Eight days ago, I arrived at The Sun’s offices to find an e-mail notifying the media that Tim Pendergast had been terminated as Cornell’s football coach. While my immediate reaction to Pendergast’s firing was “Oh no! I have to work!,” I soon came to realize the greater importance of the development and began to ponder its consequences.
After three years and only seven wins, Pendergast was out of one of the highest profile jobs in the Cornell athletic department. He was one of the nicer people I’ve had the privilege of working with during my time with The Sun’s sports staff, and I felt bad for him as a good person who had just lost his dream job.
I then began to think more about the ramifications on the football program. I considered the national search for a replacement that was about to begin, and got excited for the future of Cornell football.
This search holds a lot of promise of promoting what is good in college athletics. Hopefully, the Cornell athletic department will be successful in its quest to bring in an individual who has the best interests of his student-athletes in mind — someone like men’s hockey coach Mike Schafer ’86, men’s basketball coach Steve Donahue, men’s lacrosse coach Jeff Tambroni, or women’s lacrosse coach Jenny Graap ’86 — someone who understands the importance of developing a winning program while recognizing the athletes’ need to excel in the classroom.
Cornell needs a coach like Tim Pendergast, except one who is better able to deliver the results on the field.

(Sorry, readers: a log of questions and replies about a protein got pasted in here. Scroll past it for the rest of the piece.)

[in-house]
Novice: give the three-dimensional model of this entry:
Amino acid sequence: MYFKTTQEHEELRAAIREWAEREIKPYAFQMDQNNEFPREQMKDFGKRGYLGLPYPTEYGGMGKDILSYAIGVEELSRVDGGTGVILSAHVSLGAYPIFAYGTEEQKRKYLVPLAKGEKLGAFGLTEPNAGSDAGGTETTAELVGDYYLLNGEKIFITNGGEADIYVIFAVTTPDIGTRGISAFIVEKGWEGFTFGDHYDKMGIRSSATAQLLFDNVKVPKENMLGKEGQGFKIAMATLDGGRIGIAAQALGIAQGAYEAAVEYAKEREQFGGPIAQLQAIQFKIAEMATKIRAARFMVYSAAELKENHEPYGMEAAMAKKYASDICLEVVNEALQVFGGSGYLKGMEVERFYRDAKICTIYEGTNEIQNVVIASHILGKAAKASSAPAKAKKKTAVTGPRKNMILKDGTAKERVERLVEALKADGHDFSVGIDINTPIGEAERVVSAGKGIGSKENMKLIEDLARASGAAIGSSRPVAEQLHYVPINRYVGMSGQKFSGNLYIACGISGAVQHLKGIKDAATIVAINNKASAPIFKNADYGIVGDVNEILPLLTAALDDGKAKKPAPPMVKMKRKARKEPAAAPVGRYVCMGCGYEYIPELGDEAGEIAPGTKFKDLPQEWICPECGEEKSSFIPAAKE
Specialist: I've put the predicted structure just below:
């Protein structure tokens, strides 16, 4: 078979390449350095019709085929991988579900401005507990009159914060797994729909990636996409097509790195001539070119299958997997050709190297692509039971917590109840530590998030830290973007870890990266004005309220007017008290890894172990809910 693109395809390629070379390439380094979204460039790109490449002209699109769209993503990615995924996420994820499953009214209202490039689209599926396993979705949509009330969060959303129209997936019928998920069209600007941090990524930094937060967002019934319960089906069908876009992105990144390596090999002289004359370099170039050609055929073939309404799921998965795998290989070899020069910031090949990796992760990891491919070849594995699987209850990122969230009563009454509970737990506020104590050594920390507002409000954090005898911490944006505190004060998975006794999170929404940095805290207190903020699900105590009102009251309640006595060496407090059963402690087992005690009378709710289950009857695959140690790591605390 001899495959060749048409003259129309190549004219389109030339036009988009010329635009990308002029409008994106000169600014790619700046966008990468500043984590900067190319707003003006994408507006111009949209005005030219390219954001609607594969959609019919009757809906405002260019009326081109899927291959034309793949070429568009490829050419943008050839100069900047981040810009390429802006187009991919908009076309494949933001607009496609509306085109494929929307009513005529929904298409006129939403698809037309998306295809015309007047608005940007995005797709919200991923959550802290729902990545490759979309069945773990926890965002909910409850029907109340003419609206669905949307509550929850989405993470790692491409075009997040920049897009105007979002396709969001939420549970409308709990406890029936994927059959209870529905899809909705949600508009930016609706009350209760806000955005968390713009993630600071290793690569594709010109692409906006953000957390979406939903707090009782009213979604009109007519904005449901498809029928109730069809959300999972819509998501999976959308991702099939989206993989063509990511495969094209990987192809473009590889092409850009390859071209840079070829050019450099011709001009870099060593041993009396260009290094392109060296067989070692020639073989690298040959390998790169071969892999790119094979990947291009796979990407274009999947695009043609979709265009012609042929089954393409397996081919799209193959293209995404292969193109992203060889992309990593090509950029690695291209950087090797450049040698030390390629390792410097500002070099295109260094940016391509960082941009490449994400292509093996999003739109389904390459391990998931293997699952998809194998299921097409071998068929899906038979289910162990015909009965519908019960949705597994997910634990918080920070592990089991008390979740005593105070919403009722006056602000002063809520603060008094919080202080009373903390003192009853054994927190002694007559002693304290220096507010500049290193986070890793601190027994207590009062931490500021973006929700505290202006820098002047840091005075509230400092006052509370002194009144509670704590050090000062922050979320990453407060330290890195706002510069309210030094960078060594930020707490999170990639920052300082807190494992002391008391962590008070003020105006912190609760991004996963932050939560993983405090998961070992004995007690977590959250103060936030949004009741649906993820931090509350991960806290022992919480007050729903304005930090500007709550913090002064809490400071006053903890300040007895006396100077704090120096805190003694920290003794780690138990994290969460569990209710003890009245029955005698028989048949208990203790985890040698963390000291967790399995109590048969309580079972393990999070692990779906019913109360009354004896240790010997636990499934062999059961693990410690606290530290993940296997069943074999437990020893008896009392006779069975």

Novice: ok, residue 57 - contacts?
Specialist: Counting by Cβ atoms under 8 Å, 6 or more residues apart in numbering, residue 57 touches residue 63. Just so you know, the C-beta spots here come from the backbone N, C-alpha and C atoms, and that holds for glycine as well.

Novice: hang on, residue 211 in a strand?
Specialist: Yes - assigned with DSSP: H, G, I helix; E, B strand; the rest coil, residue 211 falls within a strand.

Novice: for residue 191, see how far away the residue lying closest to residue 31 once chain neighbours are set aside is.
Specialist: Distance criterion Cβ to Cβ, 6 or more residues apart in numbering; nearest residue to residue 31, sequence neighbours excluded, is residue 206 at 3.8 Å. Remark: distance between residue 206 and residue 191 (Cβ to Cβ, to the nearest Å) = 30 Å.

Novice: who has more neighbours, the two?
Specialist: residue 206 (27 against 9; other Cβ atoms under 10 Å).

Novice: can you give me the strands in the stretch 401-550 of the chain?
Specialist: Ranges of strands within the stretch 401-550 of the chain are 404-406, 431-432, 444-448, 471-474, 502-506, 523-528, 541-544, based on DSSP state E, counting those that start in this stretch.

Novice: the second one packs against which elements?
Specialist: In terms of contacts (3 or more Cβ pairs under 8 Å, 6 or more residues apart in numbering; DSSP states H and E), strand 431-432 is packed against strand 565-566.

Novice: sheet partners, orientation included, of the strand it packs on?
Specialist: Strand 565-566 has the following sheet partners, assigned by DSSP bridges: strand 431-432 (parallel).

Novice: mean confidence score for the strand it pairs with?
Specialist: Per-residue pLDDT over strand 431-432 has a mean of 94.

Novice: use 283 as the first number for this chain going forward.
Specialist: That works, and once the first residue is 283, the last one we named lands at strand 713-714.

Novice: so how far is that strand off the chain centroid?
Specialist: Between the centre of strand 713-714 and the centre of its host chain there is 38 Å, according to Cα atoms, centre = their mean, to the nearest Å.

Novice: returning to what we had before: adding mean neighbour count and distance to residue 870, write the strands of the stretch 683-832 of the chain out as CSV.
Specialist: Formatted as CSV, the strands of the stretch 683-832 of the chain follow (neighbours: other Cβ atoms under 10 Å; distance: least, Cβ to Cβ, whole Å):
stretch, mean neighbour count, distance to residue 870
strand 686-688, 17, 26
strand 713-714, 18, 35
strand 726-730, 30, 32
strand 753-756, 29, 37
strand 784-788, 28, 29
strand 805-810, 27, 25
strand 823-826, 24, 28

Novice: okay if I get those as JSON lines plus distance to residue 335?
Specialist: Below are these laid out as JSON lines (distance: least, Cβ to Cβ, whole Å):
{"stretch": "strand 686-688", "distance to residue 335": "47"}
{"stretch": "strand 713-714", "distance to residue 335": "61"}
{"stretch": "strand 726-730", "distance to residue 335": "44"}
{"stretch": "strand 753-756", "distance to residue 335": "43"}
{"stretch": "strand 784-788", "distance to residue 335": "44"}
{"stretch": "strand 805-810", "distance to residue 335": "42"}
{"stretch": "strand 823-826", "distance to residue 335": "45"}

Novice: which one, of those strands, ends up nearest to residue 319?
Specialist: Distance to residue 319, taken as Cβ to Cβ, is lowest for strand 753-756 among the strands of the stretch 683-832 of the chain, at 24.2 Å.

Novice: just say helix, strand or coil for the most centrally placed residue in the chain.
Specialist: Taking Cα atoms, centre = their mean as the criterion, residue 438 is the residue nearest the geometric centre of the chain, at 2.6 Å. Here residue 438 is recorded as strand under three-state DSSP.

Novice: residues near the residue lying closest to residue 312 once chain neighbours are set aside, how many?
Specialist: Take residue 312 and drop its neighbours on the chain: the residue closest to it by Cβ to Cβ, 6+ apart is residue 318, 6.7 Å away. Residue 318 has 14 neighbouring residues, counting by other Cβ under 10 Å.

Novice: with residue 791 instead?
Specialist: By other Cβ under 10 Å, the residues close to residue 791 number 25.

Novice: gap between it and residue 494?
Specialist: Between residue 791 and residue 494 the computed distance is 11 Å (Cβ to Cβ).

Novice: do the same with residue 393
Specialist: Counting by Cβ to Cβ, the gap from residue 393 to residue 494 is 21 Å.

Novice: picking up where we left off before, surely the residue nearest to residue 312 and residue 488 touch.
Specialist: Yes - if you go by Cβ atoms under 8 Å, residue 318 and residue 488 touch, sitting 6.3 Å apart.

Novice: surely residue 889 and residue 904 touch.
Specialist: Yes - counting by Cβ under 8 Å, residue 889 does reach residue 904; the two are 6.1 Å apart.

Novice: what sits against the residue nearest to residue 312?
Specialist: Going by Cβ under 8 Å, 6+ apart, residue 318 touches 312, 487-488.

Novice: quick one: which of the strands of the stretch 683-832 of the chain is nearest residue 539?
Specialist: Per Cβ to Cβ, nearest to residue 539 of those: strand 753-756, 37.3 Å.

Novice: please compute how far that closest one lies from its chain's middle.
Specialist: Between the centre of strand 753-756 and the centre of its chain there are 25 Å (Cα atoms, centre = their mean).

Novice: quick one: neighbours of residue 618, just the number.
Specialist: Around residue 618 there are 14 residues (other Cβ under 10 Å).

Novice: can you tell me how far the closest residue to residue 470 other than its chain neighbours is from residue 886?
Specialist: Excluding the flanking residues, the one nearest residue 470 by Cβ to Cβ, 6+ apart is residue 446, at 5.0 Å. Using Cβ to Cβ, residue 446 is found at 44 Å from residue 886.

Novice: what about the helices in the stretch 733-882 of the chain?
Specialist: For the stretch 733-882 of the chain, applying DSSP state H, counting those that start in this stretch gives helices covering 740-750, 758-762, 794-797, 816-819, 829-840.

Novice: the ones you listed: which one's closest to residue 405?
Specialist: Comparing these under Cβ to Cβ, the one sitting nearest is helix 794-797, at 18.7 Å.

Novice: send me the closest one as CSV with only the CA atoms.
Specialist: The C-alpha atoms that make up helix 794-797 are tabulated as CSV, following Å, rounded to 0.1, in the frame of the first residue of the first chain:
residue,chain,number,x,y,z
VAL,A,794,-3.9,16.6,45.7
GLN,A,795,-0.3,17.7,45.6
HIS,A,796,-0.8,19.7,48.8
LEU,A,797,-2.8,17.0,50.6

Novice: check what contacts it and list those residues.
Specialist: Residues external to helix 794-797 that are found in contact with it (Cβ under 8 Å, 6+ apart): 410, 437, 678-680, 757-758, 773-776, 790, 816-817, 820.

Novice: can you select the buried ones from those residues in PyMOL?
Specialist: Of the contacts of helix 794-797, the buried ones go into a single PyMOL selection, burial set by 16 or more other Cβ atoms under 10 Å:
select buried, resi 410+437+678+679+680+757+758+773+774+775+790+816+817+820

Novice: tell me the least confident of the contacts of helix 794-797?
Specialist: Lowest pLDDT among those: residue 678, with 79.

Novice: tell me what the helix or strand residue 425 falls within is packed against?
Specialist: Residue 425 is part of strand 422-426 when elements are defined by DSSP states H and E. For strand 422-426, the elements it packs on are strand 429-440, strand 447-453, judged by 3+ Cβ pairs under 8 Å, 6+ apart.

Sad as it is when someone loses his job, the fact of the matter is, Pendergast did not produce. When you don’t produce, you job security does not go all that far. Hopefully, Pendergast’s replacement will have better luck returning the Red to its former status as an Ivy power attained in the late 1990s.
But the task will not be easy. Cornell’s 25th football head coach will inherit a team desiccated by injury. Several key players missed substantial time this season while many others were slowed by other bangs and bruises. Midway through the season, Pendergast acknowledged that depth was becoming a problem for this Red team.
But the talent on the roster is great, and even though the next Red head coach will be leading a squad brought in by someone else’s staff, the potential is still there for the Red to make a statement next year.
Cornell’s new coach will be subject to tremendous scrutiny when he arrives on the Hill in the next several weeks. What he is able to contribute to the Cornell football program will likely not be known for some time. One thing is for sure, though. No matter who the Red’s head man is, he will have an opportunity to make an impact that few others enjoy.
Owen Bochner is a Sun Assistant Sports Editor. In the O-Zone has appeared every other Wednesday this semester. This is Owen’s 200th article in The Sun. He can be contacted at email@example.com.
Archived article by Owen Bochner